TRAVEL: THE DAWN OF A NEW VALENCIA

Discover Spain’s newest “it” city

by

The city of Valencia, Spain, has long been associated with iconic orange trees and paella, the mouth-watering local dish. But lately, this Mediterranean hot spot has been getting the nod from international jet-setters for more current developments, such as an extreme seaside makeover, progressive architectural growth, international sporting events and a booming arts and culture scene.

Valencia’s port wasn’t much to talk about until the sun-filled metropolis won the bid to host the 2007 America’s Cup. The move triggered more adrenaline-rush events, including the Formula One Grand Prix of Europe and most recently, the ATP World Tour 500. This tennis competition made its debut last November in the mesmerizing Ágora building—the latest and final instalment in La Ciudad de las Artes y las Ciencias, a 21st-century leisure park designed by home-grown starchitect Santiago Calatrava.

The voluptuous lines of this massive Jetsons-like playground feature the ultra-modern Palau de les Arts Reina Sofía (the opera house), Museo de las Ciencias Príncipe Felipe (science museum), L’Hemisfèric (IMAX theatre) and L’Oceanogràfic (the largest aquarium in Europe). The futuristic hub also paints an iconic skyline on par with other international cities.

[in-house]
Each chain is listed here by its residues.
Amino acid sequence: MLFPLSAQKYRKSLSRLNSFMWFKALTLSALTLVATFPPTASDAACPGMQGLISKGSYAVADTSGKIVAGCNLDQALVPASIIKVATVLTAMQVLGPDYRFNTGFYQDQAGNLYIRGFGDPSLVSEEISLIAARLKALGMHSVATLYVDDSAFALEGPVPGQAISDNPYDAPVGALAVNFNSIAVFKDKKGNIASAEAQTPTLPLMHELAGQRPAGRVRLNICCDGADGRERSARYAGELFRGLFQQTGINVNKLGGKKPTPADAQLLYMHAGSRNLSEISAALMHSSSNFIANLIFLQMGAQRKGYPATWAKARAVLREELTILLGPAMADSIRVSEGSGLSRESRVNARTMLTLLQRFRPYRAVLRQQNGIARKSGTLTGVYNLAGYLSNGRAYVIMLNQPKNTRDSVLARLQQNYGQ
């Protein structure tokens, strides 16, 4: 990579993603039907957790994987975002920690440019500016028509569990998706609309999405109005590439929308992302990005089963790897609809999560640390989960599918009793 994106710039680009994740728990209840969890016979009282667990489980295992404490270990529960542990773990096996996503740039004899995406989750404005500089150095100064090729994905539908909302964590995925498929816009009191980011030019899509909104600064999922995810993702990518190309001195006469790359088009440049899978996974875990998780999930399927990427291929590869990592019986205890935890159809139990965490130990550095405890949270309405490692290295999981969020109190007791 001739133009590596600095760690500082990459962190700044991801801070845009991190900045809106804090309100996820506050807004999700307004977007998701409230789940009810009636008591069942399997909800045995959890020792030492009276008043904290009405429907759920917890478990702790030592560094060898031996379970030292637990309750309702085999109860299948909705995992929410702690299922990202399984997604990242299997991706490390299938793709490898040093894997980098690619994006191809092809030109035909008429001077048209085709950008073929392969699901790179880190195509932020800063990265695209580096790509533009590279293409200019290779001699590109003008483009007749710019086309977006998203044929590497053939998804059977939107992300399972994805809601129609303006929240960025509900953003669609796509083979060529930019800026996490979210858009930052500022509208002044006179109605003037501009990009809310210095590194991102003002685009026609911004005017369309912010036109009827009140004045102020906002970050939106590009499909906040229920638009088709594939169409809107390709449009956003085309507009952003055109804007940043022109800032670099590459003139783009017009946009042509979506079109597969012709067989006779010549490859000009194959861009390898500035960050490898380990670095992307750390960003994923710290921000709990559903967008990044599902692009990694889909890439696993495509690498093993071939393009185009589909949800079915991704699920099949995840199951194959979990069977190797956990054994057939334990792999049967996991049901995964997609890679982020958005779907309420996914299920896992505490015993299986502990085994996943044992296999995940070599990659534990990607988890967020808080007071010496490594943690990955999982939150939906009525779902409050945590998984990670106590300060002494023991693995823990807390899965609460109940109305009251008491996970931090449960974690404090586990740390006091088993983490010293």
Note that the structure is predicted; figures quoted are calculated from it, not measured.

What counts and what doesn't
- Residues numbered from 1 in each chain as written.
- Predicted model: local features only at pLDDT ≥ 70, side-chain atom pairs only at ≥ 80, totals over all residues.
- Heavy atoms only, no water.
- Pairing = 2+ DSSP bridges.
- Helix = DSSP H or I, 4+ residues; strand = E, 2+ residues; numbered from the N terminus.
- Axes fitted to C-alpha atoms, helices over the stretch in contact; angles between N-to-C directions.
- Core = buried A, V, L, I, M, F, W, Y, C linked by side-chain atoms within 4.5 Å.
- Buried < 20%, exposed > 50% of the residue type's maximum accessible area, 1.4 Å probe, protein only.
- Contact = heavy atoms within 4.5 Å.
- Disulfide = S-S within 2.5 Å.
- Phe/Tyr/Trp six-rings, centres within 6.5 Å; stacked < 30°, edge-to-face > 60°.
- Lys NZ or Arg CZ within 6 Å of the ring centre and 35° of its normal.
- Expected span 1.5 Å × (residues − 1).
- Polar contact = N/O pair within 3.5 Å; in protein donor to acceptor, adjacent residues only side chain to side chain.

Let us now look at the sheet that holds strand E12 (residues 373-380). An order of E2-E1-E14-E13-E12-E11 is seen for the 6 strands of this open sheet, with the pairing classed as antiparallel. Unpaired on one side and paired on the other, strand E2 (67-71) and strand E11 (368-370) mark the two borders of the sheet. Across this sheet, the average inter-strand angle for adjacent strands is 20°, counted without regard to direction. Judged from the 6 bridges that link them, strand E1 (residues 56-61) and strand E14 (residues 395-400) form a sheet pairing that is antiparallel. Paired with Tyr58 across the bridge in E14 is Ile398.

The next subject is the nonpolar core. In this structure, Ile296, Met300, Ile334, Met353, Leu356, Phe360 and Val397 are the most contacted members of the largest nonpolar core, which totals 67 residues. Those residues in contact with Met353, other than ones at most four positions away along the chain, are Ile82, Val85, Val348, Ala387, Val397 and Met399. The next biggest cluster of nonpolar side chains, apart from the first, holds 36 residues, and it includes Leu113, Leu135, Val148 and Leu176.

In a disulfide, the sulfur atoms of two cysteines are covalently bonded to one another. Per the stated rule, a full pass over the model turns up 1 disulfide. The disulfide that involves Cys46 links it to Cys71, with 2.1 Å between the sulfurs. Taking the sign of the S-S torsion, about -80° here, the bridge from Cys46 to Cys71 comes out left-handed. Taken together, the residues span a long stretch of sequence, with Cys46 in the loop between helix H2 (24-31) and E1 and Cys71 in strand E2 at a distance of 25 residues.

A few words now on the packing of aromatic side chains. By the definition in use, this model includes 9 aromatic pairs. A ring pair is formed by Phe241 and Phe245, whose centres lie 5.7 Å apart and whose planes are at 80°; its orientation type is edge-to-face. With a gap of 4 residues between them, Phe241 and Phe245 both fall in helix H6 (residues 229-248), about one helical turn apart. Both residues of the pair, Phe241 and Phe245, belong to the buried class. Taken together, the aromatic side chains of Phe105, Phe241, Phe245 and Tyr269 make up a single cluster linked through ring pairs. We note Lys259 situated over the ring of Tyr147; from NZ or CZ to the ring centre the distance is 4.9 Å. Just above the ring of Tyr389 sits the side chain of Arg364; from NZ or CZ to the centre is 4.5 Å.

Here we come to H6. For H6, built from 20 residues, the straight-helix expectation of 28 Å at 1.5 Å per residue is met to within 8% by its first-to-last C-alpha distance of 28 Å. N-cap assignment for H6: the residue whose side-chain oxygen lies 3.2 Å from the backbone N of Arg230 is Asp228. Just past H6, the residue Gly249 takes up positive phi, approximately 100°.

El Mercado de Colón was a market when it first opened in 1916 and now serves as a luxury shopping mall. With a picturesque flower shop on one end, cafés on the other and a bookstore and gourmet-food kiosks downstairs, it’s the perfect place to spend an afternoon. Try the horchata, a milky, almond-sweet drink that is popular with natives.

The walk through the narrow streets from the market to Hotel Dimar winds past Calle de Sorní where shops like Escada and Furla are waiting to meet your credit card. If you’re hunting for the Rodeo Drive strip of this city, Calle Poeta Querol is where it’s at, with Hermès, Louis Vuitton, and Cavalli. Other hot retail zones are Calle Colón for the likes of Mango and Zara, as well as El Cortes Inglés, one of Spain’s largest department-store chains.

Most thrilling, however, are the local discoveries. Adolfo Dominguez, one of the first Spanish designers to have an eponymous store in Spain—you may remember Gwyneth Paltrow graced his front row last season—and Bimba & Lola, a trendy, more affordable collection run by Dominguez’ nieces, are both essentials. Valencia’s granddaddy of fashion, however, is Alex Vidal (now the executive director of Valencia Fashion Week). He recently passed his prêt-à-porter torch to his son Alex Vidal, Jr., a standout amongst a group of up-and-coming notables, such as Miquel Suay, Tonuca, Ramón Gurillo, Dolores Cortés and José Zambrano.

When it comes to stylish nightspots, Barrio del Carmen’s Marrasquino Bar is an unpretentious urban hangout. L’Umbracle, in Ciudad de las Artes y las Ciencias, is another popular spot (where it seems the handsomest crowd in the city converge for mutual admiration). And then, there is Malvarrosa’s beachside Vivir Sin Dormir, which means “live without sleeping.” It’s a choice name for the bar, but also appropriate for the city as a whole considering nightlife generally begins at midnight. But when you have this much going on, who has time to sleep?

“Dawn of a New Valencia” has been edited for FLARE.com; the complete story appears in the March 2010 issue of FLARE.

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